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Orphanage owner's grief as children are removed by social workers

By unknown | Jul 04, 2007 | COMMENTS [ 0 ]

Ntwaagae Seleka

Ntwaagae Seleka

A Good Samaritan caring for 30 children was left in tears yesterday when she was ordered to surrender the children.

Social workers from the Gauteng Department of Social Development told Eunice Mabaso, 54, that her "place of safety" - her house - was not legally registered with the department.

The social workers removed two children yesterday, saying they would return to remove the rest today. One child fled into hiding and the others refused to leave.

Mabaso, who takes care of 30 orphans from Orange Farm and elsewhere, said she established Siyakhula Orphanage in 1995 at her house in Orange Farm, Vaal, when she moved into the area.

The youngest infant in her care was 3 months old and the oldest was 21 years old.

Mabaso said: "It is very painful for me when I think that I will never see my children again. It really kills my soul."

She said some of the children were abandoned at her gate and others were brought by their families. Some of the children had been victims of sexual abuse.

Mabaso said she was proud that some of the children she had taken care of were now responsible adults and married.

Mabaso said 10 women volunteers from Orange Farm helped her with her work.

She said the project survived on donations and sponsorships.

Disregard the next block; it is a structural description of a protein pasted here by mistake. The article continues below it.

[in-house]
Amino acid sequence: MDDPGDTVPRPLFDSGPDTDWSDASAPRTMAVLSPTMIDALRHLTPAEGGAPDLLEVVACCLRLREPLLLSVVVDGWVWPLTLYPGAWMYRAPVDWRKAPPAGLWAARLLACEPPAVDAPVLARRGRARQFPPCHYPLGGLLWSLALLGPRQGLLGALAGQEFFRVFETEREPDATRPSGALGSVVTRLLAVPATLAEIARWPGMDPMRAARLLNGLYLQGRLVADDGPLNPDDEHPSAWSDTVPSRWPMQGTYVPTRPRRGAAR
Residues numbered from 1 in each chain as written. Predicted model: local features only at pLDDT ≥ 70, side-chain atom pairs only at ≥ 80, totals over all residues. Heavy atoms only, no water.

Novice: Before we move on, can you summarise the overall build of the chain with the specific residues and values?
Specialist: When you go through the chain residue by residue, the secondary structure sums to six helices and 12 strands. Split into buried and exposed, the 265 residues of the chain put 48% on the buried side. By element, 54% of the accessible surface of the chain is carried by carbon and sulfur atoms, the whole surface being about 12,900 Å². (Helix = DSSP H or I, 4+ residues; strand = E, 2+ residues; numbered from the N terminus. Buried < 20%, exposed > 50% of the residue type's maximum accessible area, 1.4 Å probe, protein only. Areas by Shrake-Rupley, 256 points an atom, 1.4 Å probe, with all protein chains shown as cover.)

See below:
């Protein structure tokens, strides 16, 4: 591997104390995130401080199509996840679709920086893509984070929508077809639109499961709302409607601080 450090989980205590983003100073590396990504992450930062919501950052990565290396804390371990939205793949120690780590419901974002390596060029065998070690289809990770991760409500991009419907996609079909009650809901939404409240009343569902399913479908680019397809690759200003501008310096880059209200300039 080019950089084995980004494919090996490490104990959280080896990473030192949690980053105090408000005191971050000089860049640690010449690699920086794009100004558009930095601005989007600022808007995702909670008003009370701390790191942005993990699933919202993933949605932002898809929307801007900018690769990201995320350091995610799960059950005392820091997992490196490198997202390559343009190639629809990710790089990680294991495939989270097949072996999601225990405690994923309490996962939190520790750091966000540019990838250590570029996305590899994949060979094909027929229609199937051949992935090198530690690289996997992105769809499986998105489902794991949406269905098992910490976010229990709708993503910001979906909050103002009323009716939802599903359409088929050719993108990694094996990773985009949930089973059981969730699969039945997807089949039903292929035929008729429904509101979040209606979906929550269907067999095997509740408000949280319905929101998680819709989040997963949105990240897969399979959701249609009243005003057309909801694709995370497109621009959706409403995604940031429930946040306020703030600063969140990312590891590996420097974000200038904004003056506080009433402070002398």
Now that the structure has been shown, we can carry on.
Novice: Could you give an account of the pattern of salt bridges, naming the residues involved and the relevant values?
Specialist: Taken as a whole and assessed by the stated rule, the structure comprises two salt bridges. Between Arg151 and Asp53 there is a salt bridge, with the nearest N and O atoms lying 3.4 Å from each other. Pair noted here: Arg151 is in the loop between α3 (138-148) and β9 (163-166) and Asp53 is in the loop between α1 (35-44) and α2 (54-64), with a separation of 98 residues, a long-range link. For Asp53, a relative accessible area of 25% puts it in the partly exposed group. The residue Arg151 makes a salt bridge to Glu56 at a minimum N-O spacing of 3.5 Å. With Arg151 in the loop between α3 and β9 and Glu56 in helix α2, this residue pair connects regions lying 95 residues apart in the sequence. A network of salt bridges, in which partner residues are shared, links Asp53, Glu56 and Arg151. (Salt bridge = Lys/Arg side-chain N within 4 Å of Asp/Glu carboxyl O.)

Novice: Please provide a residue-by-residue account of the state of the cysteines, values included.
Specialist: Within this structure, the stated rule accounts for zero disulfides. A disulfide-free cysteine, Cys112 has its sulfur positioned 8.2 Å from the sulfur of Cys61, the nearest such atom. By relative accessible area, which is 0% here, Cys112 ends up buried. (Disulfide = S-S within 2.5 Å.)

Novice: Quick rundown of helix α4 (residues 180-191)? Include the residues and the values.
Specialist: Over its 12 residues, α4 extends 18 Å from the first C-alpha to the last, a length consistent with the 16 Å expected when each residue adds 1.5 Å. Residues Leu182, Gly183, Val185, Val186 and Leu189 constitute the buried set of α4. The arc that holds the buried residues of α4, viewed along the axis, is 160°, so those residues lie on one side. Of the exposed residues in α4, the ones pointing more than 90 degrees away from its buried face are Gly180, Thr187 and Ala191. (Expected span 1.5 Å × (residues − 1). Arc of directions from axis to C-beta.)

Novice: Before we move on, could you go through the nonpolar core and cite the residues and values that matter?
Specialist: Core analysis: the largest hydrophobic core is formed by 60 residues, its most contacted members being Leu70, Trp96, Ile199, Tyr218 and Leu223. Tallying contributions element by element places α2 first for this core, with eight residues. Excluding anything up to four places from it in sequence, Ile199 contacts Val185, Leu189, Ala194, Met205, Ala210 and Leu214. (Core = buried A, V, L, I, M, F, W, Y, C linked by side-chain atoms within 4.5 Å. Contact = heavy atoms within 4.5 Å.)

"The Social Development Department has never consulted me about registering my organisation," Mabaso said.

She said she only knew about the centre's closure on Friday when social workers told her that her centre was not registered.

Yesterday social workers told Mabaso at a meeting with her board members that her house was unfit to cater for the children. They said the children would be placed in alternative orphanages.

Mabaso said that in 2003 the Gauteng Department of Housing promised to build her a R3,9million centre at Lakeside township near Orange Farm. But the building is still under construction.

Gauteng housing spokesman Victor Moreriane said he would respond to Sowetan's query on the building of the centre today.

Mabaso said: "My children are used to me and the people who help me. It is going to be difficult for them to adapt."

Gauteng social development spokesman Fred Mokoko said they would investigate the circumstances that led to the closure of Siyakhula orphanage after receiving reports from the social workers.

He said it was illegal for Mabaso to take care of more than six children in her house without registering with the department.


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